Lanadapter: @NateGrey: Good thing the new healthcare law went into effect so he can see a doctor about that problem.
bujin: So we can't ever look at decisions differently because of advances in technology or society?
PanicMan: He believes the court was similarly wrong in barring warrantless wiretapping."That's simply contrary to the text of the Fourth Amendment, which never protected privacy in some broad sense," he said. "It's very specific [in barring unreasonable searches only of] persons, houses, papers and effects."You horse's ass!
DamnYankees: But torture is still ok, right?
Muta: DamnYankees: But torture is still ok, right?Only if the torture is either cruel or unusual. If it is both cruel AND unusual then it is forbidden by the Constitution. The Founding Fathers intended torture to be the norm that way it couldn't be labeled 'unusual' by liberals.
KellyX: Heard this ass clown this morning... He believes that the idea of 1 person, 1 vote is not constitutional... He almost got caught in saying that women shouldn't have the right to vote too.
farkityfarker: Supreme Court justices should be appointed for limited terms, like 4 or 5 years, that can be renewed, not for life.
bgilmore5: His philosophy is flawed. You cannot know what the original intent was without the bias of your opinion getting in the way. First of all, who do you look to to find original intent? The authors? The collective body of those at the Constitutional Convention? The representatives at the state level that ratified the document? You could never come to a consensus unless you cherry pick what makes you opinion valid. It's simply a philosophy of convenience.
I asked Scalia about what, in his book, he calls the "cardinal principle" of statutory construction: "As between two possible interpretations of a statute ... our plain duty is to adopt that which will save the act."
RyogaM: Some men look at constitutions with sanctimonious reverence, and deem them like the arc of the covenant, too sacred to be touched. They ascribe to the men of the preceding age a wisdom more than human, and suppose what they did to be beyond amendment. I knew that age well; I belonged to it, and labored with it. It deserved well of its country. It was very like the present, but without the experience of the present; and forty years of experience in government is worth a century of book-reading; and this they would say themselves, were they to rise from the dead. I am certainly not an advocate for frequent and untried changes in laws and constitutions. I think moderate imperfections had better be borne with; because, when once known, we accommodate ourselves to them, and find practical means of correcting their ill effects. But I know also, that laws and institutions must go hand in hand with the progress of the human mind. As that becomes more developed, more enlightened, as new discoveries are made, new truths disclosed, and manners and opinions change with the change of circumstances, institutions must advance also, and keep pace with the times. We might as well require a man to wear still the coat which fitted him when a boy, as civilized society to remain ever under the regimen of their barbarous ancestors.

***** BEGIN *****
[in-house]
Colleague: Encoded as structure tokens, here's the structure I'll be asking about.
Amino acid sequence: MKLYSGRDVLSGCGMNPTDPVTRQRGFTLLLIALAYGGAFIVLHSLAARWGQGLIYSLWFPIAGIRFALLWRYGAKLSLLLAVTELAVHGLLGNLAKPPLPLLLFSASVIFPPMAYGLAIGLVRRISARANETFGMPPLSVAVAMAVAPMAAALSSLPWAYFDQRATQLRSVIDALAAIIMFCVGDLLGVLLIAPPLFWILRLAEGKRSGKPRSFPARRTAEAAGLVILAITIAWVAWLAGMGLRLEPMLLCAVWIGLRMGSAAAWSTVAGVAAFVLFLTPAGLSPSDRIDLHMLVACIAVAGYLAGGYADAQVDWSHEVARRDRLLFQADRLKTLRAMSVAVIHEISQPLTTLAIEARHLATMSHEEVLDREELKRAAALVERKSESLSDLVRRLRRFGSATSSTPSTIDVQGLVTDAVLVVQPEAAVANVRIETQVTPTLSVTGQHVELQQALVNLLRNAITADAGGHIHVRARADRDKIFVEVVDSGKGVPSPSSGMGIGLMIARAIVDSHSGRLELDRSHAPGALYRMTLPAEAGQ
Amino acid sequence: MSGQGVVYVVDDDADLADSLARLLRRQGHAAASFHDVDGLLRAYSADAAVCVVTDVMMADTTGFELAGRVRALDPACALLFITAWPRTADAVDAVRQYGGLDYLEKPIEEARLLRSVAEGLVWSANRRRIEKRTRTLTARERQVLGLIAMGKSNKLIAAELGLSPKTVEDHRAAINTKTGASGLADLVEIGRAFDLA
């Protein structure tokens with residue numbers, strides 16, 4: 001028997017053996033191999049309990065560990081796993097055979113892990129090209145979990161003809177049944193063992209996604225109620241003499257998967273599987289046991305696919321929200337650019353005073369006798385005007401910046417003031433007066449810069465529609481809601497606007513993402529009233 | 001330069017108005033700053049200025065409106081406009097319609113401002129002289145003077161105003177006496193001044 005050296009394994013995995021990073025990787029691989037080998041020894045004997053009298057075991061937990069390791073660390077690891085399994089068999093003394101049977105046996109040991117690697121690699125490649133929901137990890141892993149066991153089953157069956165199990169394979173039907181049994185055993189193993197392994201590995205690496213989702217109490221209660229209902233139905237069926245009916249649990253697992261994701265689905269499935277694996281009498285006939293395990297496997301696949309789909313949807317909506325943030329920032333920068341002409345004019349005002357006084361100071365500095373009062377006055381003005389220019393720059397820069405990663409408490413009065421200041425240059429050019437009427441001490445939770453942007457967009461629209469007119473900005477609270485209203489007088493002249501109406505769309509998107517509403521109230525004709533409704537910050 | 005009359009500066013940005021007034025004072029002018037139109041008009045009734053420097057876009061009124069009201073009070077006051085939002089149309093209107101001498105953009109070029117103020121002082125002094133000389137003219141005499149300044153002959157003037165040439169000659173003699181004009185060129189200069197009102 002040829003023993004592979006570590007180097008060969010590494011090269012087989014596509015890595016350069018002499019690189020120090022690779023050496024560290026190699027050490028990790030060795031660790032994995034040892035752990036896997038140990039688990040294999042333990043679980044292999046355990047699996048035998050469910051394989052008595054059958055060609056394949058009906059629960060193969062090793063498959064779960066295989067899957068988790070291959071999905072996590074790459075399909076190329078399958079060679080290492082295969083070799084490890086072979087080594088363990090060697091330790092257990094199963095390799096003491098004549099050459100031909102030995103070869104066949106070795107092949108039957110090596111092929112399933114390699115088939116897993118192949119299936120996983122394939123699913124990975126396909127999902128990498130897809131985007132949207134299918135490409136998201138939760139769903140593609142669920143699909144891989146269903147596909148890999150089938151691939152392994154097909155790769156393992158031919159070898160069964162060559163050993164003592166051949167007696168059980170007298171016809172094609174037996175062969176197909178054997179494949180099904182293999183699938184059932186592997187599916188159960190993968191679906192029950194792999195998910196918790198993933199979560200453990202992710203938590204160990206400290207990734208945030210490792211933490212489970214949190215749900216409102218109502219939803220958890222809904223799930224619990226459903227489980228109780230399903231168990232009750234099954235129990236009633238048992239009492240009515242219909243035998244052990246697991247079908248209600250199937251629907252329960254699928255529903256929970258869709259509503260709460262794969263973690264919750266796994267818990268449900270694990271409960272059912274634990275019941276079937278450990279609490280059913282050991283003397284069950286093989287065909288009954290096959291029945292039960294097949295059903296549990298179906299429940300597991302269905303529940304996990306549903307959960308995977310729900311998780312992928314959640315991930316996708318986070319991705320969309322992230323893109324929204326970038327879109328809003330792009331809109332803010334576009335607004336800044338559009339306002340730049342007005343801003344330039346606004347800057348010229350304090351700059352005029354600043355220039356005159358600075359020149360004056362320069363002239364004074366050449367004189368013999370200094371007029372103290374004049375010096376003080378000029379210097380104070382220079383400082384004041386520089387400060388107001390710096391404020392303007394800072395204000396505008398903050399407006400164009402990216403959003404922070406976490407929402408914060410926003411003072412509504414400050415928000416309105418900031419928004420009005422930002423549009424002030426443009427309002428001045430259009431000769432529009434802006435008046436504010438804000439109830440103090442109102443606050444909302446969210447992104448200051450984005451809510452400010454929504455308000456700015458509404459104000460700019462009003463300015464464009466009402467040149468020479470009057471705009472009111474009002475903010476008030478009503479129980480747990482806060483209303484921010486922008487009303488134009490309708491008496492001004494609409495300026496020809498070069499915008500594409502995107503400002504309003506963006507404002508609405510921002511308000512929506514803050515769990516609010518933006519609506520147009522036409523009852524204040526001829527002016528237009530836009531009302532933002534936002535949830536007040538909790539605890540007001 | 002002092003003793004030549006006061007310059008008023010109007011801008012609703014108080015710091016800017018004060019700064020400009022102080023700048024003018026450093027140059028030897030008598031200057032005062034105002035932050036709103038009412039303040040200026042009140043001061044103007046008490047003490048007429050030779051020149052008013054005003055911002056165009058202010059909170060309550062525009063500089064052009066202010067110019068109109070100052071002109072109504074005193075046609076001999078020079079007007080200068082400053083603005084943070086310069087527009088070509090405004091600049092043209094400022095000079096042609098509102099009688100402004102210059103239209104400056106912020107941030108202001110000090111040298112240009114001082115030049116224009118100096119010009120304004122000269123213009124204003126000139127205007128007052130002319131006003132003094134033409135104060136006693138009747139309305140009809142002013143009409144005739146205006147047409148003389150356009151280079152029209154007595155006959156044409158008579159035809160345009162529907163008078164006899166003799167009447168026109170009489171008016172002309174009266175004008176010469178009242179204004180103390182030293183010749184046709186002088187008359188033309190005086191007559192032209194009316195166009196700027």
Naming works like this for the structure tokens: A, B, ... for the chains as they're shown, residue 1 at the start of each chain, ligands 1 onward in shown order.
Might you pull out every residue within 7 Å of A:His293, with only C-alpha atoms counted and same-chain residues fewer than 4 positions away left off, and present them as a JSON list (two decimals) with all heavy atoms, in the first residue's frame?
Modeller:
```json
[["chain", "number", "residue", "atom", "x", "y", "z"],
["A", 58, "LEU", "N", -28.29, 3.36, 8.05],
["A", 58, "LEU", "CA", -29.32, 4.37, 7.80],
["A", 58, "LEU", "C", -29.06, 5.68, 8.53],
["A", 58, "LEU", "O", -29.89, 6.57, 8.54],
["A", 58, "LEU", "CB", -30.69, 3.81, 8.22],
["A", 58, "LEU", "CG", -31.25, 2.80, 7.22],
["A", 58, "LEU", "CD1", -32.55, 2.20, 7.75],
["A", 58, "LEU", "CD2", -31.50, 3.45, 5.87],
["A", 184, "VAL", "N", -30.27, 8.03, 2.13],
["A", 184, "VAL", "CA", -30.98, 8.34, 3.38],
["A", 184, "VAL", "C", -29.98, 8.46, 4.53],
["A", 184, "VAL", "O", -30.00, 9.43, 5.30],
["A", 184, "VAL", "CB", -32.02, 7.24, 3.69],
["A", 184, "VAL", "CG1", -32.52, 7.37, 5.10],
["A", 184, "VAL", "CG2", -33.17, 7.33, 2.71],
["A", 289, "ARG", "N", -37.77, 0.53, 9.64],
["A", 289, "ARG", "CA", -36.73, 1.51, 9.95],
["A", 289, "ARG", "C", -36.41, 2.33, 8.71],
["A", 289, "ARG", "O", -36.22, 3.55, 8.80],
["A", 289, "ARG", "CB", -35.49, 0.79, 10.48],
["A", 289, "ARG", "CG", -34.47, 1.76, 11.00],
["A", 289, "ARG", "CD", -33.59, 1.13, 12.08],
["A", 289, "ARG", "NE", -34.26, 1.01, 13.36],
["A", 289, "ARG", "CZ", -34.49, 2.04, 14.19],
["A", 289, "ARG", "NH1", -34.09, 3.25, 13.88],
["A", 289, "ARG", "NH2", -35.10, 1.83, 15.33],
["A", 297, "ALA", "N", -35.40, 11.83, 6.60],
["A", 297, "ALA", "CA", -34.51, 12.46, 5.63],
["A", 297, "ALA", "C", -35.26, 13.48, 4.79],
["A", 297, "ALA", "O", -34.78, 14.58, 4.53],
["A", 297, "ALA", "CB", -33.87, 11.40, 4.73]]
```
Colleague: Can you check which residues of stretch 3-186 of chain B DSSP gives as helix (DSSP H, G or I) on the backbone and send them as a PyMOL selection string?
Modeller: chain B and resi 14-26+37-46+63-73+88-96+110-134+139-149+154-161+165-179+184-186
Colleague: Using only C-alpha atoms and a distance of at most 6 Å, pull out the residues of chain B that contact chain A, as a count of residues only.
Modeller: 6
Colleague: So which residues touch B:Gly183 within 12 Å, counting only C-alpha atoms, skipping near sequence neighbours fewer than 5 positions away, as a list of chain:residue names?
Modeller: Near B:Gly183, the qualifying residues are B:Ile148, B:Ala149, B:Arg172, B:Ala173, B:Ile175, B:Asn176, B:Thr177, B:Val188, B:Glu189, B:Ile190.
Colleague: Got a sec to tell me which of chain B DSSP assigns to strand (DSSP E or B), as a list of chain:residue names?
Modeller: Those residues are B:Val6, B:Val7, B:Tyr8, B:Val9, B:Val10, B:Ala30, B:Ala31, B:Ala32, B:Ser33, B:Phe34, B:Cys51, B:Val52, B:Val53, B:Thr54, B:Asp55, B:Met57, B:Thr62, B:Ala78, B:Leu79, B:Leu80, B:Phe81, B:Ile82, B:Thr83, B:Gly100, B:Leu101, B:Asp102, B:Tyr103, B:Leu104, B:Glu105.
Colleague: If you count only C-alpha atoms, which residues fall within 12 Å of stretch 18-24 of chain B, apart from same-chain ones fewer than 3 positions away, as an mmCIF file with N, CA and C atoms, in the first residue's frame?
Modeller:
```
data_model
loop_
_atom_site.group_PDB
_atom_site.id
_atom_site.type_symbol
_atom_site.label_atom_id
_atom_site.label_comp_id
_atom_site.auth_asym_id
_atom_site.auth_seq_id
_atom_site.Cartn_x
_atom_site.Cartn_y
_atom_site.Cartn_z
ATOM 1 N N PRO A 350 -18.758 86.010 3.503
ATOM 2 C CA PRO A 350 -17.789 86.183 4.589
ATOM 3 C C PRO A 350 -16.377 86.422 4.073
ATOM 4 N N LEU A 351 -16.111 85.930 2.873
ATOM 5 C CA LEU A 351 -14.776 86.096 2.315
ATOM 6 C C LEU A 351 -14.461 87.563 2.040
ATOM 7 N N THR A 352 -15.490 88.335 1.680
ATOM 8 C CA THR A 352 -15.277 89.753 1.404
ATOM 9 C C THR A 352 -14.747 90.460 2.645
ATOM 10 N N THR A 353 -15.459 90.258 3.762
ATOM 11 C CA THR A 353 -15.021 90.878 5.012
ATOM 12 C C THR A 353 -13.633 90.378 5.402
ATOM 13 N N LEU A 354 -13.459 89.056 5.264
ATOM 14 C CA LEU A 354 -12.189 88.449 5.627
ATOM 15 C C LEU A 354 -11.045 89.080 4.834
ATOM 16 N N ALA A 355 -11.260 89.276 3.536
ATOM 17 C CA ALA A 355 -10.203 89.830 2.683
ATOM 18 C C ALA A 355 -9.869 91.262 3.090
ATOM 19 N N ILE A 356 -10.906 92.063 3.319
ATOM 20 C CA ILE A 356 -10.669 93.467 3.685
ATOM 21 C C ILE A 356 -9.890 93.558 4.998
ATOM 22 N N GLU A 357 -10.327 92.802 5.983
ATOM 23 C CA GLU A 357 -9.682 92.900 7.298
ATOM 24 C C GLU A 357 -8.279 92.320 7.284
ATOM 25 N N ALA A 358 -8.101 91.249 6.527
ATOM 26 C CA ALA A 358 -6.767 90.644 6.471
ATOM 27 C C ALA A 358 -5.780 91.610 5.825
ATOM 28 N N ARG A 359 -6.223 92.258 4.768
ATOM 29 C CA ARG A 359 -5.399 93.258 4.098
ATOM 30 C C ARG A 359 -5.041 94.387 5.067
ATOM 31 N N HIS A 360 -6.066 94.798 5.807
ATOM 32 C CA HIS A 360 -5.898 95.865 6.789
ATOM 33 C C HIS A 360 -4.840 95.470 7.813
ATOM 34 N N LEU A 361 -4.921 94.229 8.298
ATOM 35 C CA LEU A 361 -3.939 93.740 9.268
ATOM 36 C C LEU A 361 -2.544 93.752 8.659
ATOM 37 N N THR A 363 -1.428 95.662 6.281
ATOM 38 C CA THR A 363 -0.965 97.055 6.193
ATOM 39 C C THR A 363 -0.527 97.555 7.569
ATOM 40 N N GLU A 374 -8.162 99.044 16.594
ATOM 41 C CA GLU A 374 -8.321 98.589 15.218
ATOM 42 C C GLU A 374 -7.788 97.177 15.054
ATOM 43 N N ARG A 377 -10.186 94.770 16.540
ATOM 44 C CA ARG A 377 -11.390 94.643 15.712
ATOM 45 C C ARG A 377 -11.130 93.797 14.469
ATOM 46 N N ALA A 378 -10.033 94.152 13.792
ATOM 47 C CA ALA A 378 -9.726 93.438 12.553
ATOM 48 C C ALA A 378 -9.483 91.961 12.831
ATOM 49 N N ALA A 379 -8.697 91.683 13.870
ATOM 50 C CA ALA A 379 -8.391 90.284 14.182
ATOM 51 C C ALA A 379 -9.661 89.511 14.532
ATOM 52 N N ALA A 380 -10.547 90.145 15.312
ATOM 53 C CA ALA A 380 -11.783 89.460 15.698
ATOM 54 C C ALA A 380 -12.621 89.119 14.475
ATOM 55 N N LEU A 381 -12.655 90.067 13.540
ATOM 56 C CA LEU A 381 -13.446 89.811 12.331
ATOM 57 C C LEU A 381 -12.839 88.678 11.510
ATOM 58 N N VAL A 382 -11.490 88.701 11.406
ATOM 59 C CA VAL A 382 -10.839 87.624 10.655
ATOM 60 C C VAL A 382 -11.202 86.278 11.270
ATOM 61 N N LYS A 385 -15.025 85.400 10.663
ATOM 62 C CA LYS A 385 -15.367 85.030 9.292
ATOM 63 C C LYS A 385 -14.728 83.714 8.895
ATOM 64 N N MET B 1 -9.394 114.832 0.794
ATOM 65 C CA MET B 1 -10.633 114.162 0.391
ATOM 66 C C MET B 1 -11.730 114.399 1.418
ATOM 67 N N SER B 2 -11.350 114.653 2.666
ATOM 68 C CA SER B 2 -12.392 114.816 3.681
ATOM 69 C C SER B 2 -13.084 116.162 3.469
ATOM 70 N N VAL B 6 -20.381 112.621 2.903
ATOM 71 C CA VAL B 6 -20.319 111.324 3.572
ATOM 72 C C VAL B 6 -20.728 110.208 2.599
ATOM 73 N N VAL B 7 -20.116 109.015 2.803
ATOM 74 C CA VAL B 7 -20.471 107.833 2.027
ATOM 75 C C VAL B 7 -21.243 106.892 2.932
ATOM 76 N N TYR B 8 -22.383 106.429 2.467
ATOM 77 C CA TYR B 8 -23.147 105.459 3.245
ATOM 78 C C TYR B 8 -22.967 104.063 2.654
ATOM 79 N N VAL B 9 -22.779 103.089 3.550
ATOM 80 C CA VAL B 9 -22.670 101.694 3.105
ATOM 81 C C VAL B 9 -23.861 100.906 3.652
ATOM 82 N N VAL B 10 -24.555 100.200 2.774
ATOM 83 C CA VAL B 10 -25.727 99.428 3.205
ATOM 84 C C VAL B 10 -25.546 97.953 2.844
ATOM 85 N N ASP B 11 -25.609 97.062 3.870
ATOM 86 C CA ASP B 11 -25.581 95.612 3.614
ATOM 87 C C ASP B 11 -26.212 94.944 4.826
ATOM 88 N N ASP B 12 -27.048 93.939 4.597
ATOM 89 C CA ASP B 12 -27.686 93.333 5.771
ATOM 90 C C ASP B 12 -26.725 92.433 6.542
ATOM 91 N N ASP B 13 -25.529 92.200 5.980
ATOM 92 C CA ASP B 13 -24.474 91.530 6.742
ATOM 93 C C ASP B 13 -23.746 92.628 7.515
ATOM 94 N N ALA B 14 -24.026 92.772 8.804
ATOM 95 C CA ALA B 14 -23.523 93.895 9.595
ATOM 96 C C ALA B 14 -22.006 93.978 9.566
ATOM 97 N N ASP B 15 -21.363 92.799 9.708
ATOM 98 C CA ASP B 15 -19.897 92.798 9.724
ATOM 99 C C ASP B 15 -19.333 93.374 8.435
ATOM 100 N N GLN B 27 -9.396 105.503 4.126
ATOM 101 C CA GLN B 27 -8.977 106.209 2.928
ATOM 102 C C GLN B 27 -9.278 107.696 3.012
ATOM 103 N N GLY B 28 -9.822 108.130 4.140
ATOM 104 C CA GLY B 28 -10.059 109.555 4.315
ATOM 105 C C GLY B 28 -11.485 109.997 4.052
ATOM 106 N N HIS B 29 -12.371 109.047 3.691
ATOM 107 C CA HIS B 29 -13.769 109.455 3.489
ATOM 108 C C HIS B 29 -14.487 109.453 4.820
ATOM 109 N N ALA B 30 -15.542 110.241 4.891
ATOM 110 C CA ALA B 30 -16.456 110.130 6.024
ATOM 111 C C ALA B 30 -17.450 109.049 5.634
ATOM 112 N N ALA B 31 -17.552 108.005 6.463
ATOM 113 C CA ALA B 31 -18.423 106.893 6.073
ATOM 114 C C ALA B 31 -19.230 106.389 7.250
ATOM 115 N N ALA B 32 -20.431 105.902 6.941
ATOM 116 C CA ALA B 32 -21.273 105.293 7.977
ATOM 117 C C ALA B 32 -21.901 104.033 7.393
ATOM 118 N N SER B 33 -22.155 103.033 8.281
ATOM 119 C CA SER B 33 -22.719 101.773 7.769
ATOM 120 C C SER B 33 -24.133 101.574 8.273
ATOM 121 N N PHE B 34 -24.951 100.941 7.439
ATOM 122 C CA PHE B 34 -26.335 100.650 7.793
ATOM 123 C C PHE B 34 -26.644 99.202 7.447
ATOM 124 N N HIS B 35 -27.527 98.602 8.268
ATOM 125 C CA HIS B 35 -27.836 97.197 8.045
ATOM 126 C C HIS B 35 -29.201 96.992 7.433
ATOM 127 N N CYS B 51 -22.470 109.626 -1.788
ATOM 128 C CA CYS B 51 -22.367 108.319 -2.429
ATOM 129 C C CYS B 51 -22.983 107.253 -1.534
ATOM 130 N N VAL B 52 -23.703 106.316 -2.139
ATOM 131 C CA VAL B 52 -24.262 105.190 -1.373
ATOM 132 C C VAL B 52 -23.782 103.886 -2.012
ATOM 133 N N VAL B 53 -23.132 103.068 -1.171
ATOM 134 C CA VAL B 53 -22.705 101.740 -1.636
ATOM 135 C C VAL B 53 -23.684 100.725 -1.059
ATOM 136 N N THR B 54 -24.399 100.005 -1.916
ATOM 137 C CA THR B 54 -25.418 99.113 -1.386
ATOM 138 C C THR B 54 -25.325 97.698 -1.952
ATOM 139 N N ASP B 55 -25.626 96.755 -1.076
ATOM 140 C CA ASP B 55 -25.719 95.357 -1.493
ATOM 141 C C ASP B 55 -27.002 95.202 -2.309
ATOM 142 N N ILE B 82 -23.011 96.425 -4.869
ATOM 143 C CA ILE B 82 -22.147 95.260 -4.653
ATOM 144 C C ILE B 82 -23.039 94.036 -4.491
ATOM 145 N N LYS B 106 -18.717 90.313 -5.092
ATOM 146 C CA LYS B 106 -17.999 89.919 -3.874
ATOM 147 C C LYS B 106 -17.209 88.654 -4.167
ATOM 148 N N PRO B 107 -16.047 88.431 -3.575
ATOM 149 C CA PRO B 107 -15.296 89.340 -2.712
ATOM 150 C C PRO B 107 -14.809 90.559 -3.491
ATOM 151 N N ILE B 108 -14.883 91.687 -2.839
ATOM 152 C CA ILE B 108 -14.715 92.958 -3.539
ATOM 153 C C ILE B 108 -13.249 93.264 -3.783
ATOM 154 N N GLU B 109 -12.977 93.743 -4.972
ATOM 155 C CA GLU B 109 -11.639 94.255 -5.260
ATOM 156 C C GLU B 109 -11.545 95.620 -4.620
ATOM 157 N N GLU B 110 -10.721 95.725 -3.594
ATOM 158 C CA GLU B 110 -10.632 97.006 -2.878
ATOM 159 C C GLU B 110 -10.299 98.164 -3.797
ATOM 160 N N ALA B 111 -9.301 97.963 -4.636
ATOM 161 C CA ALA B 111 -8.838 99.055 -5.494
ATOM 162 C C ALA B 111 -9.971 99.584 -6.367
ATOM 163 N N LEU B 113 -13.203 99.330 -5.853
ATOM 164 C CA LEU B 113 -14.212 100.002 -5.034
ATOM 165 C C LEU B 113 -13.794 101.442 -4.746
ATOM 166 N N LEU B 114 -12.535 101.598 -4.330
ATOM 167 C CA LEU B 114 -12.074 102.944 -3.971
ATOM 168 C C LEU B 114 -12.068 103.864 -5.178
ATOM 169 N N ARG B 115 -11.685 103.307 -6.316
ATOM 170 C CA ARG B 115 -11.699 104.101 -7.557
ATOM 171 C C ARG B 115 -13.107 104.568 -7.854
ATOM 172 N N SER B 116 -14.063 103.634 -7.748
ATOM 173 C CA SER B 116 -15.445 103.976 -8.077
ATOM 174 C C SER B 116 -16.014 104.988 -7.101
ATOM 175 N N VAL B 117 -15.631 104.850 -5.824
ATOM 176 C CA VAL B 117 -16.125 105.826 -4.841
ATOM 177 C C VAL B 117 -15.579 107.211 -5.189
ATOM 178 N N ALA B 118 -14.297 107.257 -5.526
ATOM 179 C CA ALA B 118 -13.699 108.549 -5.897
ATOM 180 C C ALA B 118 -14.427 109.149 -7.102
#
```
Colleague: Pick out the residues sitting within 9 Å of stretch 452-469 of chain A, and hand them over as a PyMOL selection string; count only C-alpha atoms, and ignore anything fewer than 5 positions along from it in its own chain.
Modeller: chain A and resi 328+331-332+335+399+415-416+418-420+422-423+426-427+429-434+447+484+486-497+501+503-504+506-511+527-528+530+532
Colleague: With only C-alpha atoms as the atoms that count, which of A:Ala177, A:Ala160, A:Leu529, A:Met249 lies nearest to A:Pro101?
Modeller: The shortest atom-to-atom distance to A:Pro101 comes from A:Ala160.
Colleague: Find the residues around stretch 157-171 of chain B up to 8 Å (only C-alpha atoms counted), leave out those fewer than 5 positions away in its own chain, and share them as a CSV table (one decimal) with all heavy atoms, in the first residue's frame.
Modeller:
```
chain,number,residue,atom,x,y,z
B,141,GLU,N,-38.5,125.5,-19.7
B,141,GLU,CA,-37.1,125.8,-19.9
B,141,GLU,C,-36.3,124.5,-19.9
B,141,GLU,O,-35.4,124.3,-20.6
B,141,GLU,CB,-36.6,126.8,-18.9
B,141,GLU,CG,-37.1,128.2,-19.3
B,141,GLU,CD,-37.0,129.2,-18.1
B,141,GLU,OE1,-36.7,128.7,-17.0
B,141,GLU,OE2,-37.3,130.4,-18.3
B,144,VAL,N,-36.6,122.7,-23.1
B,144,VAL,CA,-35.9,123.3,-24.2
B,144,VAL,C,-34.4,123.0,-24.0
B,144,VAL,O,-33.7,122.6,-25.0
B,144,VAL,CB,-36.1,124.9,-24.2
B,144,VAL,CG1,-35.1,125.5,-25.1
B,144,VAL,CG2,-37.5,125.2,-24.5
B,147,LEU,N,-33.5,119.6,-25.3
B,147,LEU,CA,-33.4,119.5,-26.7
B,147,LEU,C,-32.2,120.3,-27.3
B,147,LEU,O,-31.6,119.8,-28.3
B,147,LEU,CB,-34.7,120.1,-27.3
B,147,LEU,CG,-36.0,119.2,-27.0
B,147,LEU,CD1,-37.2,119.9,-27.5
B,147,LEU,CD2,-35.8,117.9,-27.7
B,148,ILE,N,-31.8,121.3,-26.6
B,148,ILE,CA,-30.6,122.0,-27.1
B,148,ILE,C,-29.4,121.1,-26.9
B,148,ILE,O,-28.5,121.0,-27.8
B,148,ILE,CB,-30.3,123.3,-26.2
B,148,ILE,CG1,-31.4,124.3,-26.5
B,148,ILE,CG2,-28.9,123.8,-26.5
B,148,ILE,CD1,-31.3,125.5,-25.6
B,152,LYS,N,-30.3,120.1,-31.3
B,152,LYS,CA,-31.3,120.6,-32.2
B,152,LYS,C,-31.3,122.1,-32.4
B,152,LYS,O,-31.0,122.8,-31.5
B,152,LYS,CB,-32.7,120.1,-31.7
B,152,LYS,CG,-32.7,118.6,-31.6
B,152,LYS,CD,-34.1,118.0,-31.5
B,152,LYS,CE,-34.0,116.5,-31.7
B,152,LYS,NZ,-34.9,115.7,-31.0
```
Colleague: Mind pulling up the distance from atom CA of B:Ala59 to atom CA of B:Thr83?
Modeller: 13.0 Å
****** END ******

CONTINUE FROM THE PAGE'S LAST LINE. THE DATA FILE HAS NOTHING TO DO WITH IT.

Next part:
Muta: PanicMan: He believes the court was similarly wrong in barring warrantless wiretapping."That's simply contrary to the text of the Fourth Amendment, which never protected privacy in some broad sense," he said. "It's very specific [in barring unreasonable searches only of] persons, houses, papers and effects."You horse's ass!I would think a strict Constitutionalist would categorize the electrical impulses over a phone line created by the sound of someone's voice as 'effects'.
bujin: So we can't ever look at decisions differently because of advances in technology or society? This religious fixation on the Constitution is baffling to me.
featurecreep: I must be getting old. I heard this report on my ride in this morning and came away with a more favorable opinion of him than before (which isn't saying much) and look forward to reading his book.
bulldg4life: His continued use of strict constitutionalist to defend his rambling, inconsistent, partisan rulings is one of the great travesties of an unelected, lifetime appointment to the Supreme Court.That he actually used reasoning that torture is ok but it isn't really punishment since the victims weren't convicted of a crime makes me sick to my stomach.
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